Must Read: How “the strong dollar” increases starvation in Africa

By Samuel Obedgiu

Agricultural Scientist and Environmental Activist

At the height of the demise of the now defunct Bretton-woods monetary system, former U.S President Richard Nixon’s treasury secretary John Connally said, “The dollar is our currency but it’s your problem.”

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The current strengthening of the dollar has indeed made this statement relevant again, manifesting itself through increased food prices.

In just a space of 6 months, the U.S dollar has strengthened against many major currencies. But just as the dollar showcases how strong it can get, inflation is riding high and ravaging the continent. The Uganda Consumer Price Index (CPI) for September 2022 indicates that we have finally hit double-digit inflation.     

In Kenya, the Association of manufacturers stated in June this year that importers in Kenya and wider East Africa are struggling to import raw materials because they can’t access dollars at the official rate (sh. 116) to process imports. If you remember well, in Uganda, a bag of cement hit sh. 40,000 from sh. 25,000. Reason? Raw materials to process the cement had become expensive.

Many have attributed the rise in commodity prices to the raging Russia-Ukraine war. I don’t buy this view entirely. We started feeling the impact of the price hikes as early as November 2021, way before that war. If anything, the Russia-Ukraine war just worsened the pain but most certainly didn’t cause it.

Due to a strong dollar, the Electricity Regulatory Authority board tabled a proposal to allow it to pass on the increasing production costs arising from exchange rate fluctuations, inflation, and fuel prices to final consumers. The dollar rate is the biggest consideration when computing the electricity tariff in Uganda. Why? The investments in the electricity sector and operations are priced in dollars.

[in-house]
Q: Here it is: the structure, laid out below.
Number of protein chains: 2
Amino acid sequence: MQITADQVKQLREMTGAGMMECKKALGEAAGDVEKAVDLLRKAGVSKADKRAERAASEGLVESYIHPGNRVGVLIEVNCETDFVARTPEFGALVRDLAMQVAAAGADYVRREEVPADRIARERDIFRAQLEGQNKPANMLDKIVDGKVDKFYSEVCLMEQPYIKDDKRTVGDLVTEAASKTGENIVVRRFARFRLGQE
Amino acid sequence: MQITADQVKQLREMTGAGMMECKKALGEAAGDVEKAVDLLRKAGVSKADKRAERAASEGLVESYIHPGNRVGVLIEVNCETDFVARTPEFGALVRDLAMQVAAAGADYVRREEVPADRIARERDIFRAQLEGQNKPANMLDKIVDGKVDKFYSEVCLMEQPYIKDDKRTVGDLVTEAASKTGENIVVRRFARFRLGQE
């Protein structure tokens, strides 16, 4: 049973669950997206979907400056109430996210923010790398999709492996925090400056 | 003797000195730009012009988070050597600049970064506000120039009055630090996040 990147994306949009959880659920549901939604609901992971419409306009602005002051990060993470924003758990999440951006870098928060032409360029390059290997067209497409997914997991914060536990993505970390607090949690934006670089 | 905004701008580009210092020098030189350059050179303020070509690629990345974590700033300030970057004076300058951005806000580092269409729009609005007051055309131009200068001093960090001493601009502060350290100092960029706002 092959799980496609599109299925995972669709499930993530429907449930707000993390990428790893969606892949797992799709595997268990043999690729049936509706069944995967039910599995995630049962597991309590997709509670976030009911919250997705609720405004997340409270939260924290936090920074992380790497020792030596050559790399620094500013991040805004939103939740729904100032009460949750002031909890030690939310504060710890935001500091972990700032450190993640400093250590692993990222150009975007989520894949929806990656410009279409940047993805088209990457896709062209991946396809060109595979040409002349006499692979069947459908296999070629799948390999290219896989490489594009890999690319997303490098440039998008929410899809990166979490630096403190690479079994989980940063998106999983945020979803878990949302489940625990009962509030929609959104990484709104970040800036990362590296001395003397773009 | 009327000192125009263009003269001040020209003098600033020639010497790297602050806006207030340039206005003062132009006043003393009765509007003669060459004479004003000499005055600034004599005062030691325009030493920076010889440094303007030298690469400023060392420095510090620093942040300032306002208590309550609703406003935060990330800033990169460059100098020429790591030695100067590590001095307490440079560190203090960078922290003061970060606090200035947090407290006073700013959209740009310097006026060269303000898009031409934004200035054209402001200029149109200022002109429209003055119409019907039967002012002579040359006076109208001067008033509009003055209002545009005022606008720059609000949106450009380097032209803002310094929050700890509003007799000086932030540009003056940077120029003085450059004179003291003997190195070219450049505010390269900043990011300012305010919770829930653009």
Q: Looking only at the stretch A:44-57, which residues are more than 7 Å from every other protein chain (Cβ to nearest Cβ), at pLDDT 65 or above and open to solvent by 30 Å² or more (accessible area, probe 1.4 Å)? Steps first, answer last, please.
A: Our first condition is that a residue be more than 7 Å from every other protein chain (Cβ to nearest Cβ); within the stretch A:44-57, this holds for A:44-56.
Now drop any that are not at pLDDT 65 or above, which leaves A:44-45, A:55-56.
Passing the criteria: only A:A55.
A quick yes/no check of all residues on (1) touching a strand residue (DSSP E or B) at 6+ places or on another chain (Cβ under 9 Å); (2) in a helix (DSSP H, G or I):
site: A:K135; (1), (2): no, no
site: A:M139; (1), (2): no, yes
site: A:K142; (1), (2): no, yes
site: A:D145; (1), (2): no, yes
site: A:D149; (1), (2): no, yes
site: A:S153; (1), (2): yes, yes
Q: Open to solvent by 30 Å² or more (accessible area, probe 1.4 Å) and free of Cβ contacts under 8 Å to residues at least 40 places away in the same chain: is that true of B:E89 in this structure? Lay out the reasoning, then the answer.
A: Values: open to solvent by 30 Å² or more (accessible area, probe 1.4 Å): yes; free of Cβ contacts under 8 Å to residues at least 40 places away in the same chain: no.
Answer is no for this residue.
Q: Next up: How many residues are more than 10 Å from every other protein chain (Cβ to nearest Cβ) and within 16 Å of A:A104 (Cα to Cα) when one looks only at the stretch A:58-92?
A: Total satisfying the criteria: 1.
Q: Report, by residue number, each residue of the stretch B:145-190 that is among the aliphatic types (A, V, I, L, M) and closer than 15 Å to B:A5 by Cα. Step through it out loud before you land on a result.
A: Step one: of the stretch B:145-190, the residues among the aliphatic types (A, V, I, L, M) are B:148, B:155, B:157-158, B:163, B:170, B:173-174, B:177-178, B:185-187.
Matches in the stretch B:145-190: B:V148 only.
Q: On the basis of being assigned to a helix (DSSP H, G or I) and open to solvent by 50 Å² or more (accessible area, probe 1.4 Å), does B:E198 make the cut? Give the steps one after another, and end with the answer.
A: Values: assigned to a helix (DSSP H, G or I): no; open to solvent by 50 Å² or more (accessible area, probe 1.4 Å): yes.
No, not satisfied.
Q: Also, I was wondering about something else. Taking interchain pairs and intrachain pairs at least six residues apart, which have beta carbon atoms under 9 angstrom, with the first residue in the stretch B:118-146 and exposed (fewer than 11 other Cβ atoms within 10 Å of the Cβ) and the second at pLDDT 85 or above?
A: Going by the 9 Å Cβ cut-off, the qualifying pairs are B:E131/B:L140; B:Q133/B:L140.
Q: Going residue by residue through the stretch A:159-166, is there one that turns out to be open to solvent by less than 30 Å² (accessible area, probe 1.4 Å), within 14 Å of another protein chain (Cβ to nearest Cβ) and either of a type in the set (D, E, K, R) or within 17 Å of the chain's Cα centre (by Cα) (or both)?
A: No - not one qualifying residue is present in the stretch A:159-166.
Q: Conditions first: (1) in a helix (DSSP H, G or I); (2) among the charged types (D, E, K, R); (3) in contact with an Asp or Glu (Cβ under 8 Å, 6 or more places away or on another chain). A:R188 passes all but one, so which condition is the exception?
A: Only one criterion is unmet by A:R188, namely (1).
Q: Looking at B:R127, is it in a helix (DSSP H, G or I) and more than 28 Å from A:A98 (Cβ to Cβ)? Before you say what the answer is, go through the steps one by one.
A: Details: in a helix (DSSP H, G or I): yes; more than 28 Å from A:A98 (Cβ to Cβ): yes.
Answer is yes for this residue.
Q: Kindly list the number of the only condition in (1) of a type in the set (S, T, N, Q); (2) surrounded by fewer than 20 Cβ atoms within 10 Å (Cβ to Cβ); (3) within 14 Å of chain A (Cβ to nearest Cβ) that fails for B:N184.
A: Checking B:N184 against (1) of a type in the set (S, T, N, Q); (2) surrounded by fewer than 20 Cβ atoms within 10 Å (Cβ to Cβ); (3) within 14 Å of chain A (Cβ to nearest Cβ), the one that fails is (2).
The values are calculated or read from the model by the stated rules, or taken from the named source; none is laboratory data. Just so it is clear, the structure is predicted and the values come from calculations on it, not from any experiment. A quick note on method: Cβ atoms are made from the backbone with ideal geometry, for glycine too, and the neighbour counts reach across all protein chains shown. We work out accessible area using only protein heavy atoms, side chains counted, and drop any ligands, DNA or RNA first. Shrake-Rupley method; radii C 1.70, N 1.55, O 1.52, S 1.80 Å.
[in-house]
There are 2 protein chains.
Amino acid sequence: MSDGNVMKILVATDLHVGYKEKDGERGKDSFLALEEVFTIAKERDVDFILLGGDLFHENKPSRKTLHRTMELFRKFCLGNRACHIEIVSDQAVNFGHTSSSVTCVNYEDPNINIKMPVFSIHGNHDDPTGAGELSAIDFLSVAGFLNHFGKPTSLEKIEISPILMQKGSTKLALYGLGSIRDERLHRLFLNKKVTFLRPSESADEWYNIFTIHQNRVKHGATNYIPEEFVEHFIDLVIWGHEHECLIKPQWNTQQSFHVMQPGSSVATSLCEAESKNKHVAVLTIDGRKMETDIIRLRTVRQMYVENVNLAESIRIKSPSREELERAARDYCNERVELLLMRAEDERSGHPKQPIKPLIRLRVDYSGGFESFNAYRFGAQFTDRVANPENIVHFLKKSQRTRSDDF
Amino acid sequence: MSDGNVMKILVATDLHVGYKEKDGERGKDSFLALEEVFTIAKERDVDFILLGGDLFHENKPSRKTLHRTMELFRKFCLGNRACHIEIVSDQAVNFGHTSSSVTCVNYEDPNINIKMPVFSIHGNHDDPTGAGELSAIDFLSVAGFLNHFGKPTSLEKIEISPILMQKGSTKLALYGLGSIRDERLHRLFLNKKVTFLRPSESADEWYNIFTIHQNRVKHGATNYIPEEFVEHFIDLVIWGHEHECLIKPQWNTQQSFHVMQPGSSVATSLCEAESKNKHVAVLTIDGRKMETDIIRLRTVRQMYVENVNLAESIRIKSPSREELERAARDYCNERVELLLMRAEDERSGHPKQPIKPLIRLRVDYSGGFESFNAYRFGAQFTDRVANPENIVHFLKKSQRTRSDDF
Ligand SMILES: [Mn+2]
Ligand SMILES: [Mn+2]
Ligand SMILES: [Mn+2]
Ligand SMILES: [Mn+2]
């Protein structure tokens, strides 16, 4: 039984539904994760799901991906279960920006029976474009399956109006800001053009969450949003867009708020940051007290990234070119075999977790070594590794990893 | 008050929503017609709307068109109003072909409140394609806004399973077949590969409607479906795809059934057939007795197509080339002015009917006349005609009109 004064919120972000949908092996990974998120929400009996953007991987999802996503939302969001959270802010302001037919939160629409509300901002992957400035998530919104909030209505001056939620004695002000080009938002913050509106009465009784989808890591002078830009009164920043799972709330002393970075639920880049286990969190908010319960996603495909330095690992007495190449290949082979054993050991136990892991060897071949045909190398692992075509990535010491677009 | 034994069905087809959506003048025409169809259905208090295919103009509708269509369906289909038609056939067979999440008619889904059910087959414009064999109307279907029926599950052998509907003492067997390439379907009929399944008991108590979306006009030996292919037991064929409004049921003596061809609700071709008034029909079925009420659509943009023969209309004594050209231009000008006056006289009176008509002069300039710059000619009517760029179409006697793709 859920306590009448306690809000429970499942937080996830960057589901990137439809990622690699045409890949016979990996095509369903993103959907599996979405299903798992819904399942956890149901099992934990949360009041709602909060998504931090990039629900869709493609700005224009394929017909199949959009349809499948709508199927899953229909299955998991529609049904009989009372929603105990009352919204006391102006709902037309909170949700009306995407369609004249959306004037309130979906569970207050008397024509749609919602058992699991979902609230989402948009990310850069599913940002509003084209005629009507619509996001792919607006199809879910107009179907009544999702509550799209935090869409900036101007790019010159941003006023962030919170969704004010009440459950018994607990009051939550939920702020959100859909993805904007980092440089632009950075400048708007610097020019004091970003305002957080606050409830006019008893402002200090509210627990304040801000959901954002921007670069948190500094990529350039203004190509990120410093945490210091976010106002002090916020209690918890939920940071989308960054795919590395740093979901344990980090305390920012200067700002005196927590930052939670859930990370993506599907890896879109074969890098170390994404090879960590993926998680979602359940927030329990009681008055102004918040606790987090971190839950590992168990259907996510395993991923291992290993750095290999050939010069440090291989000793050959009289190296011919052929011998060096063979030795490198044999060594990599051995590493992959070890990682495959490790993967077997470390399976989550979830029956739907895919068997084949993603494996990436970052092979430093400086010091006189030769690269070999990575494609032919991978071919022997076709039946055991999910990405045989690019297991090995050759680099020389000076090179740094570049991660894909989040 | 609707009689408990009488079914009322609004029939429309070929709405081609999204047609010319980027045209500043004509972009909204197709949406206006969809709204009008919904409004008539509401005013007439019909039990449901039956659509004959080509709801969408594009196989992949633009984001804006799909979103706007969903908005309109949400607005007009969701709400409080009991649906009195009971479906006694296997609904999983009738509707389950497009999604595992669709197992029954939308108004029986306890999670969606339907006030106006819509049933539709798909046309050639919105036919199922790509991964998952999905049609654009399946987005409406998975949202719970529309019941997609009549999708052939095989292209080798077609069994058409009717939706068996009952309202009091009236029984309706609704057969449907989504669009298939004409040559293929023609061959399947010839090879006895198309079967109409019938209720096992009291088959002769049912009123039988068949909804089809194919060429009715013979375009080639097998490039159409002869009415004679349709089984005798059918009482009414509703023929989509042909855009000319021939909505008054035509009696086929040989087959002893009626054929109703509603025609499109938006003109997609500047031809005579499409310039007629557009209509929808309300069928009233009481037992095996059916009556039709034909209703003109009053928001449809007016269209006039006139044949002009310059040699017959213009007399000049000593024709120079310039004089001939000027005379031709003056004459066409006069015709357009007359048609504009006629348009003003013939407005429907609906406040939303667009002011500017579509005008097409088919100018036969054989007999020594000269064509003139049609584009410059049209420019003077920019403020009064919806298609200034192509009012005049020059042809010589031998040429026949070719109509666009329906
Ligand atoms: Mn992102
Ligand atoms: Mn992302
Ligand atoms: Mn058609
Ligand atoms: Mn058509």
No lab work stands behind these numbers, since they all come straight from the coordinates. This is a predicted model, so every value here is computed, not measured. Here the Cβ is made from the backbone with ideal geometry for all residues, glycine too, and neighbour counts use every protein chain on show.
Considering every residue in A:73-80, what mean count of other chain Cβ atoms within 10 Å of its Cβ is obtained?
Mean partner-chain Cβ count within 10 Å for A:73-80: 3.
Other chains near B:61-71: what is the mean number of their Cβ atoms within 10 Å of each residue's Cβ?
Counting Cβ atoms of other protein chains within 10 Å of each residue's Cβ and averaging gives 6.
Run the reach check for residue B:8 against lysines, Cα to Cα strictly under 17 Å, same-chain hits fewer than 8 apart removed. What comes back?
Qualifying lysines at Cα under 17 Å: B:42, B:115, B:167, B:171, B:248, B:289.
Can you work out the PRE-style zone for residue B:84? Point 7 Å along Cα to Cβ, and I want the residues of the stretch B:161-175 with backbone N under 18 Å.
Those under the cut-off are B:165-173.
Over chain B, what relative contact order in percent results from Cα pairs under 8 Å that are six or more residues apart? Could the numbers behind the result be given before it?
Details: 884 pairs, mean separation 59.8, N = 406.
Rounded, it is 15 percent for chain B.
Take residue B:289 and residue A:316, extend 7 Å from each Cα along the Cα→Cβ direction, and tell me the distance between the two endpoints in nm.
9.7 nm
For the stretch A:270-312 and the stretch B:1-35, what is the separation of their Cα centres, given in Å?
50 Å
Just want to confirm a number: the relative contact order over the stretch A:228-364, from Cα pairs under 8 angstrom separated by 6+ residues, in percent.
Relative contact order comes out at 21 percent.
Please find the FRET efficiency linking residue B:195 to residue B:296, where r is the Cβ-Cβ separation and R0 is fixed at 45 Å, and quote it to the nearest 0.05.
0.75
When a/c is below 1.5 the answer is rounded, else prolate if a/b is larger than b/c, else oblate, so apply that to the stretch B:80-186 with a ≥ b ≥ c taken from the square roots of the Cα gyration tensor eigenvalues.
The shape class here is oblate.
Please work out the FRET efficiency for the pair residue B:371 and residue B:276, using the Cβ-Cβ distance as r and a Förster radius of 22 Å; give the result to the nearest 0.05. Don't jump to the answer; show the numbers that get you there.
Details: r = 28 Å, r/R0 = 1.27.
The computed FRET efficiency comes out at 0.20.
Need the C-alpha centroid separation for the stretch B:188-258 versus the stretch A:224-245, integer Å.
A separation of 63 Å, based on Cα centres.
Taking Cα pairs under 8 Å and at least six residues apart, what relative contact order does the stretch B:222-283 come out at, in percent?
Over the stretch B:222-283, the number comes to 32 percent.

In 2010, a UN report called for abandoning the dollar as the main global reserve and trade currency. “The dollar has proved not to be a stable store of value, which is a requisite for a stable reserve currency,” the U.N. World Economic and Social Survey 2010 said. This report was released at the height of the 2008 global financial crisis when the U.S central bank was undertaking its unconventional economic quantitative easing policy.

Simply put, Quantitative Easing increases the money supply out of thin air to solve a challenge.  You should also remember that during Quantitative Easing (QE2) in 2010, global food prices went up 60% and this created a humanitarian disaster for the 2 billion people who live on less than 2 dollars a day due to dollar strengthening (source “Dollar crisis” Richard Duncan former IMF & World Bank consultant). With a benefit of hindsight, it shouldn’t surprise anyone that the primary cause of the Arab spring in 2011, was the rise in wheat prices that created political instability in North Africa.

The reason a strong dollar can create havoc in Uganda is 80% of global trade is denominated in dollars. The dollar strengthening against shilling is problematic because Uganda is a net importer of key goods. When global commodities are priced in dollars and those dollars become more expensive to importers than they used to be, it will take more shillings to buy the same quantity of goods leading to exported inflation.

In times of uncertainty, people see the dollar as a safe haven, because many people demand it, which increases its value. This, in turn, makes the value of African dollar debt increase. The money that governments would have spent on food production increasingly goes to debt servicing.

The long-term solution to this crisis is that the IMF’s special drawing rights should be given a greater role in global finance as a neutral reserve and trade currency. It’s hard for the American Central Bank to balance its internal policy needs with those of the global economy. No wonder, a recent UN report called upon the U.S central bank to stop increasing interest rates.

Way back in 1944, during the Bretton woods conferences, the economist john M. Keynes advocated for “a bancor” as a neutral reserve currency. But the Americans rejected this idea. The sick global monetary system needs to be reformed.  

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